Everyday my toddler comes home from daycare with a piece of paper covered in random squiggles of crayon. She displays it proudly to her mother and me.
"I make!" She says. "I make!"
Everyone possesses something of the creative urge, the desire to mold a child of the mind out of inspiration and effort. Children are allowed to express it, to put part of themselves into a misshapen clay ashtray, a lopsided blue house drawn on construction paper, or sparkles and glue on a paper plate. Sometime around the teenage years the urge gets suppressed in many people, or hidden, perhaps as a defensive mechanism. It's hard to see your child derided, laughed at, or ignored, so most of us consciously stop creating them. The urge doesn't go away, it never will, it just finds new avenues, ones that aren't as vulnerable to the criticism of the world.
I have a friend that prides himself on the crispness of his lane changes on the highway. I have another who tries to cast an 8 ounce fishing weight one yard further down the high school football field every day after class is over. Cast, reel in, cast. Again and again and again, for an hour a day. When he reaches 100 yards, is it Art? 150? If he ever reaches 200, he'll be one of only a handful of men in the world who have done so. How could it not be Art? He's not trying for 200, though. He's trying for one yard further than yesterday.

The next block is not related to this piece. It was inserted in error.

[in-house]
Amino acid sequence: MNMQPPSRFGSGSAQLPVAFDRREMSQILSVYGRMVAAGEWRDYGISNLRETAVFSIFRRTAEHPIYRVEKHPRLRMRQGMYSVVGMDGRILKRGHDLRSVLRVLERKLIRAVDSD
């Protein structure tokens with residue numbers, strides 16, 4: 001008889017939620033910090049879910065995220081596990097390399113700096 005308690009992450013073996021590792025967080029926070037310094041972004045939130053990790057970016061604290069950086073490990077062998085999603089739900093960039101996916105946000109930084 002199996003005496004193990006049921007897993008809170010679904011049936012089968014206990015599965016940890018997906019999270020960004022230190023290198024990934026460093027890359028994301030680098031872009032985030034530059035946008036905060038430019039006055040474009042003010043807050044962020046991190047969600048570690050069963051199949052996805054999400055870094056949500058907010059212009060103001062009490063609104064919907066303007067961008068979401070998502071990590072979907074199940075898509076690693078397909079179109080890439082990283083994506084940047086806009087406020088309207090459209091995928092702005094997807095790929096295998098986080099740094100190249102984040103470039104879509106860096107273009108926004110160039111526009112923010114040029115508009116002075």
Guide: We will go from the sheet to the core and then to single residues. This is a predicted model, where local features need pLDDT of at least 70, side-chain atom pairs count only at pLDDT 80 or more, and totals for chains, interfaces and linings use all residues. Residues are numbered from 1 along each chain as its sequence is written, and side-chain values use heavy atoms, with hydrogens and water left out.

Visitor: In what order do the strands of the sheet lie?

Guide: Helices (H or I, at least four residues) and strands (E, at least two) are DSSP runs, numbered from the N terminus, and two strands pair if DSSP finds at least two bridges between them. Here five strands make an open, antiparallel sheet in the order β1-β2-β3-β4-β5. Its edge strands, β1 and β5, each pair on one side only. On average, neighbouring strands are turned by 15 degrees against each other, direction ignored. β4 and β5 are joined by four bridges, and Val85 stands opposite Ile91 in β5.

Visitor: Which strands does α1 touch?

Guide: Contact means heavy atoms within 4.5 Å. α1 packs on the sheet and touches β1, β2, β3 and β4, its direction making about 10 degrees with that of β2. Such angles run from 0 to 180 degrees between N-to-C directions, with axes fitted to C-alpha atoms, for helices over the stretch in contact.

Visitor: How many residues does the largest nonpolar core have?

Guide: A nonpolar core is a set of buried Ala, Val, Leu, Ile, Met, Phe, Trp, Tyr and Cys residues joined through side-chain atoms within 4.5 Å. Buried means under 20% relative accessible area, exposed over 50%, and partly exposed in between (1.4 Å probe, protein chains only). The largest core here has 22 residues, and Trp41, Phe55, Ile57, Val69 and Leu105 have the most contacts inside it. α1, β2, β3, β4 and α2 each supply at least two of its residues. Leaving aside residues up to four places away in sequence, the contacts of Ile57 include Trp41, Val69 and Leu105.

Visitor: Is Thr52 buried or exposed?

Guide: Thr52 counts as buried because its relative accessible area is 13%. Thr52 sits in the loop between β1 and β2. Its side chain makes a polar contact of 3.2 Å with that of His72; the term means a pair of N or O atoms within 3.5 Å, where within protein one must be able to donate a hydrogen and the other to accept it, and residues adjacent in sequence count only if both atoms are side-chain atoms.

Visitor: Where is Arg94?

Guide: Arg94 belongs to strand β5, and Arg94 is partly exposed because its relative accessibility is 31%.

Is blogging Art? It's bound to be, eventually. There are too many people participating for it not to eventually produce works of staggering intellect, transcendent beauty and infectious humor. Many will argue that it already has. But most of us aren't aiming for those Olympian heights, not just yet. Most of us want to cast one yard further than we did yesterday.
It was with that in mind that I created the Carnival of the Vanities. Blogging, if nothing else, is the bleeding edge of vanity publishing. If we didn't think we had something valuable to say, we wouldn't be doing this. We're not stupid, we don't expect Art to appear from the rearranged electrons when we write a post, but we do know when something we've created is a little bit better than the things we have done before. And we cast the child of our mind out into the ether, where it's derided, laughed at, ignored, and sometimes praised, pointed out to the world by a complete stranger who, simply by the act of pointing says Hey, that's pretty cool.